#WhenYourParentHasMS You Stand Strong for MS Research

Blog Summary

From a young age, I have been interested in the science behind my mother’s multiple sclerosis diagnosis. I knew that I wanted to be part of the medical community. After many years working in the hospital during my undergraduate career, as an emergency medical technician, as well as shadowing neurosurgeons and performing research during my master’s program, I chose the bench (research) over bedside (treating patients). At that time, a majority of therapies targeted symptoms, not the source, of MS, and there were no therapies available to treat progressive MS. So, I have researched neurodegeneration and repair in the brain; specifically myelin repair.  In July, I started as a National MS Society research fellow at Northwestern University Feinberg School of Medicine in the lab of Stephen D. Miller, PhD. In addition to my focus on myelin repair, as a neuroimmunologist, I have the opportunity to pursue selective immune suppression. Ideally, selective immune suppression will lead to decreased (or even absence of) relapses, and myelin repair will mean the ability to repair damage.  As neurodegeneration underlies MS, effective disease-modifying therapies need to both regulate the immune system and promote restoration of neuronal function, including remyelination. Soon, I hope to be able to move from pre-clinical therapeutic trials into patient trials – and improve peoples’ quality of life in all stages of MS...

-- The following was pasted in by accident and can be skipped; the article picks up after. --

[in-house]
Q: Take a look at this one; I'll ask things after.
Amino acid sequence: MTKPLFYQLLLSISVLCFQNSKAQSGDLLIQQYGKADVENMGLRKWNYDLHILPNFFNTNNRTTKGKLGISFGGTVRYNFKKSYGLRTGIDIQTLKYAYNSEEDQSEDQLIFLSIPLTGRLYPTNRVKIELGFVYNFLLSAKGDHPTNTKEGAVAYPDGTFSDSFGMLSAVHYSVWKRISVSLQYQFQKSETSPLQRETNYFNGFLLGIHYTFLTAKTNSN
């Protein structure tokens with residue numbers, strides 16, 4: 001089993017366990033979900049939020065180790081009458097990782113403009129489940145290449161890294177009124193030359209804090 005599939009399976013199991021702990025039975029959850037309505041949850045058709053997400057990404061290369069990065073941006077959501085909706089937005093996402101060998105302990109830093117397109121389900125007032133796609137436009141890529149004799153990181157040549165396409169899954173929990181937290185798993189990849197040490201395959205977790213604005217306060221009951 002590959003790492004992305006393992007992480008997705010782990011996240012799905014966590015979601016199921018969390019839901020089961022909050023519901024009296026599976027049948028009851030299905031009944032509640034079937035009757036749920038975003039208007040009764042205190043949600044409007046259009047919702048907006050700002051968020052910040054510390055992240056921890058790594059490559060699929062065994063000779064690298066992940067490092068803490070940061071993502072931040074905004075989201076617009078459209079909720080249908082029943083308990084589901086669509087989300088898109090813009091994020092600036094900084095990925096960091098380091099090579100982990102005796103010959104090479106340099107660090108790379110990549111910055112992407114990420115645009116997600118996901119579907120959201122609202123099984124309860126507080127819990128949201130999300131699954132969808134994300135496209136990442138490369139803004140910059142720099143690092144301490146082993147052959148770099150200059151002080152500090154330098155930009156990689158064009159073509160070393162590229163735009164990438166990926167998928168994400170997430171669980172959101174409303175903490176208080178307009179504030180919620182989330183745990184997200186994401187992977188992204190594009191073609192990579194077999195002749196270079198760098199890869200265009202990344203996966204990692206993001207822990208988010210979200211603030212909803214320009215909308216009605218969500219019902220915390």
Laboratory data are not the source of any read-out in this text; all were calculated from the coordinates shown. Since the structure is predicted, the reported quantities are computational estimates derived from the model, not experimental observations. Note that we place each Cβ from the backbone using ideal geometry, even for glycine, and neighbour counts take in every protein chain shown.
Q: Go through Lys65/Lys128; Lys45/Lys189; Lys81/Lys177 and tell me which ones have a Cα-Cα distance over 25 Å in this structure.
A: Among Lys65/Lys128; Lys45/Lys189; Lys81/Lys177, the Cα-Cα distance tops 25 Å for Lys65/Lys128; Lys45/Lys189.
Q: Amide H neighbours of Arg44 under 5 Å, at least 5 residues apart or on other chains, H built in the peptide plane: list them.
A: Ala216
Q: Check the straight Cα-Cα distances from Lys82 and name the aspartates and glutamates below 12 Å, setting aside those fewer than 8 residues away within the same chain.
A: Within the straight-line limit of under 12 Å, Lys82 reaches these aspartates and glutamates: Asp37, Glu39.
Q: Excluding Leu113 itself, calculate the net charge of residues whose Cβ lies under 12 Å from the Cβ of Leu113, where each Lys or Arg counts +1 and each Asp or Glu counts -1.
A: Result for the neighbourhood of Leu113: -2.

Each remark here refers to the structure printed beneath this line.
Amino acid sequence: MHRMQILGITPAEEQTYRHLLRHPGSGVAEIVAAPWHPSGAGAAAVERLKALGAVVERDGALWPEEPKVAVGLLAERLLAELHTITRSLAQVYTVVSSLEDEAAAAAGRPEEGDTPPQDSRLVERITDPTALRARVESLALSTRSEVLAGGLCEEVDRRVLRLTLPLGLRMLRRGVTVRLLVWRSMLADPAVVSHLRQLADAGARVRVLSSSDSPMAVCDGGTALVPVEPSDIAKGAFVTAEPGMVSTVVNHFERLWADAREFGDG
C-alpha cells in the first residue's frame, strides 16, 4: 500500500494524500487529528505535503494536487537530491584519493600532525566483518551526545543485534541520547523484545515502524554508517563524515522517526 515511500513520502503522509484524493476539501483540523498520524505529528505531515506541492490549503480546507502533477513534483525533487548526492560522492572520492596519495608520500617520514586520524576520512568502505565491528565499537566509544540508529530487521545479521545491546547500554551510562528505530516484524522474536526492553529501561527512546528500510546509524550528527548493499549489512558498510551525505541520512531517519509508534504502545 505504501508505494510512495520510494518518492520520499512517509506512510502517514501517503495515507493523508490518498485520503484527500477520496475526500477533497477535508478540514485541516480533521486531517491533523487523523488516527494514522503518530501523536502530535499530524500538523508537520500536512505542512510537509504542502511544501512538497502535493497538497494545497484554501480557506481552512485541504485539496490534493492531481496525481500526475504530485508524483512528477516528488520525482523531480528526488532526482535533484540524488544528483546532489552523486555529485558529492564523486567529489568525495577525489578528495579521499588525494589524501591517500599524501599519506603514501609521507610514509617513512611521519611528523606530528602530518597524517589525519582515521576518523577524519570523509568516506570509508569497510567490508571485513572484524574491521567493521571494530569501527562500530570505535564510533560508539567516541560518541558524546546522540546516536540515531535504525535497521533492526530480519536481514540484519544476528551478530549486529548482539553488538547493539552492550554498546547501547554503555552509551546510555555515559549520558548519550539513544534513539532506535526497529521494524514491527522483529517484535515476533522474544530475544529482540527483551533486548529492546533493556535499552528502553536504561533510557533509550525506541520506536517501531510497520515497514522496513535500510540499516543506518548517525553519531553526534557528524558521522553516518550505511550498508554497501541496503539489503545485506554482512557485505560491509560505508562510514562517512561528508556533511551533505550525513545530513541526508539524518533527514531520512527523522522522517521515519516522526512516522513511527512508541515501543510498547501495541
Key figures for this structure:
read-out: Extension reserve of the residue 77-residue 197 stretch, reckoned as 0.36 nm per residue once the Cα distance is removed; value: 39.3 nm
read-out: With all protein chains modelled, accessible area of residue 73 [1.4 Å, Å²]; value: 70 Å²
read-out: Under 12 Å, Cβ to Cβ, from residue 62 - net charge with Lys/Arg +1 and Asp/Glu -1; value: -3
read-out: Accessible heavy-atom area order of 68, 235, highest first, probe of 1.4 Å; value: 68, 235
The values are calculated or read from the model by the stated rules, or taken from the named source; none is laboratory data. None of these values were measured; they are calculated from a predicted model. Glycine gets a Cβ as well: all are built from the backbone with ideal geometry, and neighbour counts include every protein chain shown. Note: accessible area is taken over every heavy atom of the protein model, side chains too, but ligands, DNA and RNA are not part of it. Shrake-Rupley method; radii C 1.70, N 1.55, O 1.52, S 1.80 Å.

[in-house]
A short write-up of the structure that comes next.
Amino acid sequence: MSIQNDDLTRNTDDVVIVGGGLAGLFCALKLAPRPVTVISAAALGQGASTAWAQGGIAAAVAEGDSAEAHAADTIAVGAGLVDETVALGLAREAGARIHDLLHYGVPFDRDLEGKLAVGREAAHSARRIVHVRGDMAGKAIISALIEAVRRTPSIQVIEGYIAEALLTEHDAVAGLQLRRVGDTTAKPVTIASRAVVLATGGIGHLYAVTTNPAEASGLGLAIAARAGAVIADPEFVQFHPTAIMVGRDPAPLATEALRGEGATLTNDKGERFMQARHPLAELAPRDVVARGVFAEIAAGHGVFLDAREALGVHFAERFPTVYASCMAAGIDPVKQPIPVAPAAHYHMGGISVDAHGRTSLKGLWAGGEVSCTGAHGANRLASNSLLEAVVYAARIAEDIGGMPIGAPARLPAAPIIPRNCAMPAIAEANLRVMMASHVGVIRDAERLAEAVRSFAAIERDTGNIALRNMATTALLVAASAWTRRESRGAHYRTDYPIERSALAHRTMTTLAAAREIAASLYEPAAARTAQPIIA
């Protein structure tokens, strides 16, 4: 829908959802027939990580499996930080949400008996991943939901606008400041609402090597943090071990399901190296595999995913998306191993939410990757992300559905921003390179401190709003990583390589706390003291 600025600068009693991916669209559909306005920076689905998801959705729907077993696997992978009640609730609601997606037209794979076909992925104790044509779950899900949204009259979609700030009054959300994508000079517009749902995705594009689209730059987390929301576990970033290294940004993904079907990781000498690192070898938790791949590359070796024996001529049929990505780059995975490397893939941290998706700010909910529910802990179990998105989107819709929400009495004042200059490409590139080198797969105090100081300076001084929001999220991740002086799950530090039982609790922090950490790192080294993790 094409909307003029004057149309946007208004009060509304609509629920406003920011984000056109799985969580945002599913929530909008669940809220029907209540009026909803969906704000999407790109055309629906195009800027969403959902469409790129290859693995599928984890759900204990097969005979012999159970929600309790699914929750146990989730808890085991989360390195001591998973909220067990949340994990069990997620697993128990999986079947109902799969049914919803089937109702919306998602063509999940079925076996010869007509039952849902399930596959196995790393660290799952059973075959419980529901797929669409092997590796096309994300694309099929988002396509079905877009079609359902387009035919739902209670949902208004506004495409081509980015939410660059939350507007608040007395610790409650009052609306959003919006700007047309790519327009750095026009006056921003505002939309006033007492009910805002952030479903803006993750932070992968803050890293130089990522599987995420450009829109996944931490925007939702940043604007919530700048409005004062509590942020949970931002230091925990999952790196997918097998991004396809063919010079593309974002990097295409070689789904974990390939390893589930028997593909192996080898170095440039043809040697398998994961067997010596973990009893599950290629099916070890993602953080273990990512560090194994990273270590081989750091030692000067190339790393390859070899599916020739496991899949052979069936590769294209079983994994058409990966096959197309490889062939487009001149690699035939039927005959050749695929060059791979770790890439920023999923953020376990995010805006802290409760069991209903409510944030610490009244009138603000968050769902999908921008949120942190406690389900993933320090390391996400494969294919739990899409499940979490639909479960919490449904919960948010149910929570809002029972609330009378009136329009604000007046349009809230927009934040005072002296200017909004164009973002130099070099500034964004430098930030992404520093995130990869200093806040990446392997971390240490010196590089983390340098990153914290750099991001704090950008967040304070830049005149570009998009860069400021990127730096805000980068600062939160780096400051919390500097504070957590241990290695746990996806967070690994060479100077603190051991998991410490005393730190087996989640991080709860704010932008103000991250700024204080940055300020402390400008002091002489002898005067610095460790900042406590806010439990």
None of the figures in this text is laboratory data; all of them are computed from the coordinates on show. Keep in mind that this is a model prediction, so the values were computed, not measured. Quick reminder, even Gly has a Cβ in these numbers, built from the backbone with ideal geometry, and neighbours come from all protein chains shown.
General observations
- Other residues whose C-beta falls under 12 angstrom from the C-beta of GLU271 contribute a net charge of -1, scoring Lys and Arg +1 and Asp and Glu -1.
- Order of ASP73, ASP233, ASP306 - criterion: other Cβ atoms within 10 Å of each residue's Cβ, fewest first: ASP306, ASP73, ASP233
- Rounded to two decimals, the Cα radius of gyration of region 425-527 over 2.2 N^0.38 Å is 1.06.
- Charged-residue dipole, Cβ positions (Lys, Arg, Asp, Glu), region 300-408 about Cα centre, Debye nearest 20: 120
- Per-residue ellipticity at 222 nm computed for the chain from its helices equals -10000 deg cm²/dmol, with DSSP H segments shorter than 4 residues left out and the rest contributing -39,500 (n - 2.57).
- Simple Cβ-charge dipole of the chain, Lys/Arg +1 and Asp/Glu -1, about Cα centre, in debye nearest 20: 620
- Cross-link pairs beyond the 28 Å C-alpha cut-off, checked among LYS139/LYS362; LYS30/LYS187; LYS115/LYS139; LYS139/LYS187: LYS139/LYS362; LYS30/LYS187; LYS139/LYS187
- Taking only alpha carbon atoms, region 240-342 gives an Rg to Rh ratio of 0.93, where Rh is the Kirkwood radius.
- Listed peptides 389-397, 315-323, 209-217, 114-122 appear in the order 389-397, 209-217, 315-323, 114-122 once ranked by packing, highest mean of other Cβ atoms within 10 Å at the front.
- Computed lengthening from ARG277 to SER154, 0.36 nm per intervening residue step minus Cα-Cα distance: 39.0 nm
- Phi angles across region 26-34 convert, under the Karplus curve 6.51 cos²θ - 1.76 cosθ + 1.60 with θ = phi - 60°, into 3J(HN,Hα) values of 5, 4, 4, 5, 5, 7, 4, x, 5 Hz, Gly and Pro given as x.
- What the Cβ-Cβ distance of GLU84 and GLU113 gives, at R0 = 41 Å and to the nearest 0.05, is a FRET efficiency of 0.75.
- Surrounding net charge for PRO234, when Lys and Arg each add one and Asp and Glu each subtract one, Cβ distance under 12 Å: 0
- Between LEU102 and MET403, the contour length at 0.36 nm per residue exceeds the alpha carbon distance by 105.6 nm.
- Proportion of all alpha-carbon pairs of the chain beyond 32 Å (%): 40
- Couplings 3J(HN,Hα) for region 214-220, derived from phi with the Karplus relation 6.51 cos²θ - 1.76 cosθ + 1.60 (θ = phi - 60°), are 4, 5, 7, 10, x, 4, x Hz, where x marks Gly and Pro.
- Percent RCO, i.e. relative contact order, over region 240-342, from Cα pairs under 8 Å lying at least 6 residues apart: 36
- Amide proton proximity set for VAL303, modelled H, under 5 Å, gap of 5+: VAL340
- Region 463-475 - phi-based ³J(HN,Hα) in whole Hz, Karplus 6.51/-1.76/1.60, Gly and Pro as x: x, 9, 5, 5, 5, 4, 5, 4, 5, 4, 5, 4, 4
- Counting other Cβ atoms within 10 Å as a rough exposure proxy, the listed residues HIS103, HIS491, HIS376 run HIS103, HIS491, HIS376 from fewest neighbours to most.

The Tale of the Concerned Wife and Resistant Husband

Blog Summary

“Do you think a cane would be helpful?” my wife asked after watching me narrowly avoid a fall, and not for the first time. I was diagnosed with primary progressive multiple sclerosis three years earlier, and I was only starting down a path that would, fourteen years later, leave me unable to walk, work, or take care of my own daily needs. I knew the answer to Kim’s question. However, if I responded with a “yes,” she wouldn’t have let the issue rest until I bought a cane, and rightfully so. But I wasn’t ready to wear that scarlet letter in public – to let everyone I might encounter know that I was weak or feeble. My life had been about achievement – physical, academic, professional – and I wanted to remain that guy...

For my Father: Reflections of a U.S. Senator’s Journey with MS

Blog Summary

Multiple Sclerosis is a complex disease that has impacted families across the country for far too long. As a United States Senator and as the Ranking Member of the Senate health committee, I believe Congress should be doing everything we can to help the patients and families who are impacted in so many ways by MS. But I also believe this strongly as a family member — because I have seen firsthand how devastating this disease can be. My father was a World War II Veteran who was one of the first to storm the beaches of Okinawa, and was a recipient of a Purple Heart. Many years later, he was diagnosed with MS...